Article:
Washington absolutely forgot about it when the time came. When at the 1943 Tehran conference there was talk about Soviet troops occupying the Baltics, the US President F. Roosevelt jokingly assured the head of the USSR J. Stalin that he “isn’t going to declare war on the Soviet Union on this basis”. It shouldn’t be forgotten that the post-war borders of Europe were then discussed by the leaders of world powers both at the Yalta and Potsdam conferences, but the question of the borders of Poland and Germany caused many more disputes than the belonging of the Baltic republics.

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Moreover, Sumner Welles, the author of this document, was the only person who, during a discussion about post-war borders, remembered the declaration of Welles. Having already lost his post as the Deputy US Secretary of State, he published the book “The Time for Decision” in 1944. And there he allowed the thought that the Baltic countries still can’t forgive him for: “Maybe the people of the Baltic states seek to be an integral part of the Union of the Soviet Socialist Republics”. What an instructive lesson for Pompeo, if only he decided to remember the declaration of Welles!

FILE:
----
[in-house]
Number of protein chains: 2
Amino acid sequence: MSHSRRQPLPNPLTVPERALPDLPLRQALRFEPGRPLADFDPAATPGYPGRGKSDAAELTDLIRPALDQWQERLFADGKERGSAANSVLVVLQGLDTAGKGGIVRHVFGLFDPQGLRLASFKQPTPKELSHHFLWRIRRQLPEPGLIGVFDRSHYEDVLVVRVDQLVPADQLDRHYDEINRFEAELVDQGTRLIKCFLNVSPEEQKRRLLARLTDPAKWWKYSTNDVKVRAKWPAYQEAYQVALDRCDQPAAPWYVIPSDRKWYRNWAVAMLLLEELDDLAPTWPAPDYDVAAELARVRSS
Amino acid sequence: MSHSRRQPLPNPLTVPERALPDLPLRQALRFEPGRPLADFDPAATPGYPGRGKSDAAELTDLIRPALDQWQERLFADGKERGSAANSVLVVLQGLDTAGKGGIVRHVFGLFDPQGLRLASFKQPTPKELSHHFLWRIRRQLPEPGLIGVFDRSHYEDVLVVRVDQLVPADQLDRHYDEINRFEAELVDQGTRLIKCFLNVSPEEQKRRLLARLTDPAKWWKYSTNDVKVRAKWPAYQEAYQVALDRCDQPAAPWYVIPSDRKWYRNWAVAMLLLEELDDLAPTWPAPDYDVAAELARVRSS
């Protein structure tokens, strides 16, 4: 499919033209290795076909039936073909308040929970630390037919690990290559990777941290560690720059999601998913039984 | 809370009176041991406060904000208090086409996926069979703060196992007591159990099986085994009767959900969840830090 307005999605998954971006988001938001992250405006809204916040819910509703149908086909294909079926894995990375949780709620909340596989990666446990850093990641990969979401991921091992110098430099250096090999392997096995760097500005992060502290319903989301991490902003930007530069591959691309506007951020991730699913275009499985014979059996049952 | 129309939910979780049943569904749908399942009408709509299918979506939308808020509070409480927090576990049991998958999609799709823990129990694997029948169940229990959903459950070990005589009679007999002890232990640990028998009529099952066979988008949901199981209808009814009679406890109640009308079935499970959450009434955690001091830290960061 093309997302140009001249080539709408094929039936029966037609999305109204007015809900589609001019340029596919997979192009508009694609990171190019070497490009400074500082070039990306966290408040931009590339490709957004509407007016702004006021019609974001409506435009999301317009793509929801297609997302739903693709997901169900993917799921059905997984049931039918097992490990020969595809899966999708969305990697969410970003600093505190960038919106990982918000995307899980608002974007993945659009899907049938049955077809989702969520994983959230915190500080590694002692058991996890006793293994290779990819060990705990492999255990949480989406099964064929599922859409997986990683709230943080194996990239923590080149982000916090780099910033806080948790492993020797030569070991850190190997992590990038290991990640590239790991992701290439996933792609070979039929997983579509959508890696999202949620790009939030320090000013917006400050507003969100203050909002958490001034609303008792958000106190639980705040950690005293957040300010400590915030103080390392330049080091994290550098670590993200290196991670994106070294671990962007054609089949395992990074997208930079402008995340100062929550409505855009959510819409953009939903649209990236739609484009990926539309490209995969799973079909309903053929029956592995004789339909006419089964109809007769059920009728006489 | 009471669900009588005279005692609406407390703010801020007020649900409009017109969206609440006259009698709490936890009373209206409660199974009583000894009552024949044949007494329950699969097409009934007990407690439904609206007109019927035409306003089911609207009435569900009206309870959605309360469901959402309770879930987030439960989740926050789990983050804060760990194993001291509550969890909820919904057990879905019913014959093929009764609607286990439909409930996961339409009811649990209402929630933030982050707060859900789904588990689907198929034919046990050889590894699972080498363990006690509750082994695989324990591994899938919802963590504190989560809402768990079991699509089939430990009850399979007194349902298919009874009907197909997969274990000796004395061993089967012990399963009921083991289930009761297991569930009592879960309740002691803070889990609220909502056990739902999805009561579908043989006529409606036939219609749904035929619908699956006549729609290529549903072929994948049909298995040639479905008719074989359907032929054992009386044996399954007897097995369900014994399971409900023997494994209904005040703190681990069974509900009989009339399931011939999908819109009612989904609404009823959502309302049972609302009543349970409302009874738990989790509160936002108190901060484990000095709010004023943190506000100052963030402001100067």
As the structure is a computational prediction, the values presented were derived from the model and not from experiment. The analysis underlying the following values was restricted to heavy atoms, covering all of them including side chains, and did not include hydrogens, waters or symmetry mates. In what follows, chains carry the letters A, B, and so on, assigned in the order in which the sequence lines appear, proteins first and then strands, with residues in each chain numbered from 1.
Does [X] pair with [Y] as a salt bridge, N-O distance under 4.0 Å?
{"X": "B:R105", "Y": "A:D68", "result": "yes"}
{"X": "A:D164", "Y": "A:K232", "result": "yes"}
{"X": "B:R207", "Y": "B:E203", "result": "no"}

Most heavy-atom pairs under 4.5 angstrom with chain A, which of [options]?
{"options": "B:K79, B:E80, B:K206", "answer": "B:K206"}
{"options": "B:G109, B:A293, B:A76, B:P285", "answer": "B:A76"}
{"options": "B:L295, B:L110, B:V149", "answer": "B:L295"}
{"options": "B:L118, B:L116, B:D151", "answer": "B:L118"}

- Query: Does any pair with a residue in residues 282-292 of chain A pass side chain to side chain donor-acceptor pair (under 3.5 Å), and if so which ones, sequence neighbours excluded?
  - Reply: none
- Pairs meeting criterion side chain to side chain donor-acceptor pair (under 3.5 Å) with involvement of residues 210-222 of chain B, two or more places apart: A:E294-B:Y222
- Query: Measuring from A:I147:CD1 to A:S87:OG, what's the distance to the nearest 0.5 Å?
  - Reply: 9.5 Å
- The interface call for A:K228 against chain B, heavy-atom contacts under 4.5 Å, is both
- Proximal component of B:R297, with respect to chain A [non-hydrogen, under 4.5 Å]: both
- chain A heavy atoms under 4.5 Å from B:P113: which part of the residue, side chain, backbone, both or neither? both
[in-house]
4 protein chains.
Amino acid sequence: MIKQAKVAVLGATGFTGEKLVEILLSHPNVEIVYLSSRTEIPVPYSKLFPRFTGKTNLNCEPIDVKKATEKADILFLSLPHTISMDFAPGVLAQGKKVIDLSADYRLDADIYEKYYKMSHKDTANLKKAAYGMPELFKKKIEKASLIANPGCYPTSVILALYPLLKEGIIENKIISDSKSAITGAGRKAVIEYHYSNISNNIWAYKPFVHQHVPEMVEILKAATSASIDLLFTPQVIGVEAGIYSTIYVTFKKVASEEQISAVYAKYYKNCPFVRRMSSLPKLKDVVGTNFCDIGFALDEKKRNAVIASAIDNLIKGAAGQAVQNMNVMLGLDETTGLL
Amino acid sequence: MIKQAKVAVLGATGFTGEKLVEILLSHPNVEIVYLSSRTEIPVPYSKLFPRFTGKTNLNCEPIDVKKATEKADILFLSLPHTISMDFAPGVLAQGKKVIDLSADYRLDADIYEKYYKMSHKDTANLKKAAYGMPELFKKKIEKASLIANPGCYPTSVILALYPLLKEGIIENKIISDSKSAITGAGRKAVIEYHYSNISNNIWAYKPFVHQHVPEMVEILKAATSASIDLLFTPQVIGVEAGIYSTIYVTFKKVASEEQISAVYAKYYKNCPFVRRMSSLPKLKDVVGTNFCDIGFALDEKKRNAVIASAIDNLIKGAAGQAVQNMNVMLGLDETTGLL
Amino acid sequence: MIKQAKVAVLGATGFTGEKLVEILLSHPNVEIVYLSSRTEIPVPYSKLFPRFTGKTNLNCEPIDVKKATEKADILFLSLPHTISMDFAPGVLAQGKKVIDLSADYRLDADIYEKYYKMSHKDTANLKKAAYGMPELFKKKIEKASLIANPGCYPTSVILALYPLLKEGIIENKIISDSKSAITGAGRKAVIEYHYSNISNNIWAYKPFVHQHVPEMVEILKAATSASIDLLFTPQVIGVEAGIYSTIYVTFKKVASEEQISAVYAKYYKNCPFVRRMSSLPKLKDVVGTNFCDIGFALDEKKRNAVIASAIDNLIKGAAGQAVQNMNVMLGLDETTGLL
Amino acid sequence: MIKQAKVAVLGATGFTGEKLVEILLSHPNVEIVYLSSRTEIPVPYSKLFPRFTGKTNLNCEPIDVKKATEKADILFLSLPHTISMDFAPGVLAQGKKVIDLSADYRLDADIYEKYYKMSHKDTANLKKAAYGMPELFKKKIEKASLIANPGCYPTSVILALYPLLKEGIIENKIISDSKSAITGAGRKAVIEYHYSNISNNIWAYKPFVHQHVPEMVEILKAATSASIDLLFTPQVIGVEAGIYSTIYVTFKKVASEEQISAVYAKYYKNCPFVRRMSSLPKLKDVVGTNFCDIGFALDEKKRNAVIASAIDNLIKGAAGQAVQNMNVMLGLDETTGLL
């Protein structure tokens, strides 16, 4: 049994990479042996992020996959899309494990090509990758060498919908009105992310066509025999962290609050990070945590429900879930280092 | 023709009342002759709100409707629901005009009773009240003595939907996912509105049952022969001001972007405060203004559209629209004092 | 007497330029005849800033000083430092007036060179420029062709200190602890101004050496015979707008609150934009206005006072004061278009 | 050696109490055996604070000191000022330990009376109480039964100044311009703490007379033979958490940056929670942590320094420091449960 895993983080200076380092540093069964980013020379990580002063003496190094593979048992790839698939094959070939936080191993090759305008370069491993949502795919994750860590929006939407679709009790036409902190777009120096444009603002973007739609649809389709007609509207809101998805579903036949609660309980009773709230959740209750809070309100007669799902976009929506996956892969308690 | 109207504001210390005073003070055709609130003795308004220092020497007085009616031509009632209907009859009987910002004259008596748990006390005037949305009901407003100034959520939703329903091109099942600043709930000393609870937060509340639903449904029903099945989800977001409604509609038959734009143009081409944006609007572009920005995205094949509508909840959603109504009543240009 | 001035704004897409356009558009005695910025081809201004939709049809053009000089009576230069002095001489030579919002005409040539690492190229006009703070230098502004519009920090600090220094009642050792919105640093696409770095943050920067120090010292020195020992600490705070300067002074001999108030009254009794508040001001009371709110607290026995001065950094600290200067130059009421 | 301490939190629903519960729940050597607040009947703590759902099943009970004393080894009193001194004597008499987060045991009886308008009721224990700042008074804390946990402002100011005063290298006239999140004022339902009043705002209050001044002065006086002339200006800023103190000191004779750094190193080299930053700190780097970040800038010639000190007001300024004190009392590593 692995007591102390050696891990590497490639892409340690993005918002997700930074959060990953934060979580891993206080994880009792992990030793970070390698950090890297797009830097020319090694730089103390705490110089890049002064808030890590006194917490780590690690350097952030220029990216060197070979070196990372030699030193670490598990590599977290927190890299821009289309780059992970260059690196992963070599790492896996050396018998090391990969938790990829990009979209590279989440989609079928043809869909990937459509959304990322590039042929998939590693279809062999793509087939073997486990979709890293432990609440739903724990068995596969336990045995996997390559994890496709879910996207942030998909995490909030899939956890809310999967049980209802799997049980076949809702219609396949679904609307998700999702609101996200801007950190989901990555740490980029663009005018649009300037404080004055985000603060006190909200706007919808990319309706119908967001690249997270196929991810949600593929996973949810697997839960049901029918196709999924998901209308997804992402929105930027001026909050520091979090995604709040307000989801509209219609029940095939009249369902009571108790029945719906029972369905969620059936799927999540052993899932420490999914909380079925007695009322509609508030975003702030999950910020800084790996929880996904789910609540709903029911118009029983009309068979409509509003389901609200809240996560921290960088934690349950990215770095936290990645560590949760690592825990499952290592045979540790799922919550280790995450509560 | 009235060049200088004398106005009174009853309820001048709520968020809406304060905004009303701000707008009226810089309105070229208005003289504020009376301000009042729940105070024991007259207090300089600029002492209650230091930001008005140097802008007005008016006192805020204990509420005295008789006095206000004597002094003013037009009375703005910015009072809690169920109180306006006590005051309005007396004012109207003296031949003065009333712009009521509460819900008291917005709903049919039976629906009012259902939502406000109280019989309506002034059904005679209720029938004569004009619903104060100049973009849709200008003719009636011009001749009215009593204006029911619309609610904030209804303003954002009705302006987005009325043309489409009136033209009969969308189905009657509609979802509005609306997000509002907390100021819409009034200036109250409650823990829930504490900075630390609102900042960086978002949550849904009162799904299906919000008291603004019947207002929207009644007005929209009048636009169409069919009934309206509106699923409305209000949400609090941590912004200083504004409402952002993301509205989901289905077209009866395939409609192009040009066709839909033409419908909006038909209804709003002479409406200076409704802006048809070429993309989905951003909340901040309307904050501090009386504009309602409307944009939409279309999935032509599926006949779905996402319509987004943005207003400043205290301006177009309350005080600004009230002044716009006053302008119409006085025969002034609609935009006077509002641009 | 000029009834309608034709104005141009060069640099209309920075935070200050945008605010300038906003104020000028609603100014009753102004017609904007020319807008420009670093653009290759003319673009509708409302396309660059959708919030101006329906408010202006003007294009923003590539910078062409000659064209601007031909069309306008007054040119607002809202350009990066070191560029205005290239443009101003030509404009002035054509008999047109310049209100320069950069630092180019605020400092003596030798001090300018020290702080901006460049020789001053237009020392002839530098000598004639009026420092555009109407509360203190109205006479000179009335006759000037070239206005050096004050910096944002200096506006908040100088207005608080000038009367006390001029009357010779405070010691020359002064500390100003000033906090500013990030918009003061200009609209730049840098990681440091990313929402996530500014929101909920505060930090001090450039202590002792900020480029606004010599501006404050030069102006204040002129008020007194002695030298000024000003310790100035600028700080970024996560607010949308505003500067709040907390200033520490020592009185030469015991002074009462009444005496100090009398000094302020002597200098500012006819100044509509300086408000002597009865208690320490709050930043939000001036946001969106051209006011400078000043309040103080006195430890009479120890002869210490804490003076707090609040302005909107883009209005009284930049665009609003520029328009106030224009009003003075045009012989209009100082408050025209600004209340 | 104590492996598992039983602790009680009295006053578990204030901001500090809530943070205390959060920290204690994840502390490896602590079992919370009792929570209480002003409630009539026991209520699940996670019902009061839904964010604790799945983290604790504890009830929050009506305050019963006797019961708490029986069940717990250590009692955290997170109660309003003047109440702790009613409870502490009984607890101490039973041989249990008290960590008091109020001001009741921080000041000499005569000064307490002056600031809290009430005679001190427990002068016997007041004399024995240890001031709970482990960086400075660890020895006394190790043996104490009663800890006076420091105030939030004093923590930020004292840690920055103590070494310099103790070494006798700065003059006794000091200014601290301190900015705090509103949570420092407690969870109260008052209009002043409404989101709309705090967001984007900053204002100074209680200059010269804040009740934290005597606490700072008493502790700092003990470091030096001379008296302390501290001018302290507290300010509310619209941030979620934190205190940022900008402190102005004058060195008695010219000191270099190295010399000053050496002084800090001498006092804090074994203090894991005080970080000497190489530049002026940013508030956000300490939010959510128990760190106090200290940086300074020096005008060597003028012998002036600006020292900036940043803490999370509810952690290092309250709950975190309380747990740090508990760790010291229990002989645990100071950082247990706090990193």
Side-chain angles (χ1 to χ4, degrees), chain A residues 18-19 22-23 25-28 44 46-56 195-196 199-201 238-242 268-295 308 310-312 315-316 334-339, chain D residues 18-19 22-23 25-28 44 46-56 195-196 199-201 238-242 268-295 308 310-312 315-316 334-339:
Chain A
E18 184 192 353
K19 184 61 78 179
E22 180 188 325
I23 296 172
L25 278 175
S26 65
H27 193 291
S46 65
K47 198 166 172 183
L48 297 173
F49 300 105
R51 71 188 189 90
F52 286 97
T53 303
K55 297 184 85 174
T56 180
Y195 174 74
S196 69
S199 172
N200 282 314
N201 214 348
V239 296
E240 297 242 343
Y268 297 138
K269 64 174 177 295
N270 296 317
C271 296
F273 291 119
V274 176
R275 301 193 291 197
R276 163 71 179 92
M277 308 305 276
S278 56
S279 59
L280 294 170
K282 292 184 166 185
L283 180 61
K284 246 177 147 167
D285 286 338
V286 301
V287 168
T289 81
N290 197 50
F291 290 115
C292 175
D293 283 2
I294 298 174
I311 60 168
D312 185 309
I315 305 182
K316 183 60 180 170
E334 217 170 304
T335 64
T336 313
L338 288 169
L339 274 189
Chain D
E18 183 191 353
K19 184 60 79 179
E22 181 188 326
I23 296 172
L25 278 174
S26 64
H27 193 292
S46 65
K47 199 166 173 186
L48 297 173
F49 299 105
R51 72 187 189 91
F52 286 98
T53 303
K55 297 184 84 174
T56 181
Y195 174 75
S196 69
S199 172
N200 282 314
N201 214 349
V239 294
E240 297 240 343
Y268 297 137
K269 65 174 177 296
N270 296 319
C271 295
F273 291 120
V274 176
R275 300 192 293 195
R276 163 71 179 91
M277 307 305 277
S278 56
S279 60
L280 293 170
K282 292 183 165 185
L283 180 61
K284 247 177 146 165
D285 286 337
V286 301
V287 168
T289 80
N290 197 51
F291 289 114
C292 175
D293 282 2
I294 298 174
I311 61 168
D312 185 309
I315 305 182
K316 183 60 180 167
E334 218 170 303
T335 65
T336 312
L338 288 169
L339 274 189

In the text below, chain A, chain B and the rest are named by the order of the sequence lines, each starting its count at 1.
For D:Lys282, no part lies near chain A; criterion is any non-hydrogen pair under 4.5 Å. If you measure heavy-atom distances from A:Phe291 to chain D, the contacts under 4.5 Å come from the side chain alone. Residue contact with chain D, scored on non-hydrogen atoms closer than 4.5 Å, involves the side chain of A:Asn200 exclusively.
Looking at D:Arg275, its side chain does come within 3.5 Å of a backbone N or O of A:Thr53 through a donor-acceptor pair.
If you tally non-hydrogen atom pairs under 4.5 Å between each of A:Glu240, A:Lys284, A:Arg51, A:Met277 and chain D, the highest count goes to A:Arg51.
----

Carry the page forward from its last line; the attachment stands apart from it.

We should emphasise that allies in World War II recognised the borders of the USSR, including not only the Baltics, but also Konigsberg (nowadays Kaliningrad). Then, in the process of anti-Soviet hysteria in the West, the Welles Declaration was sometimes remembered in the US Congress, however this didn’t get in the way of developing cooperation with the USSR (once again, when it was necessary for Washington).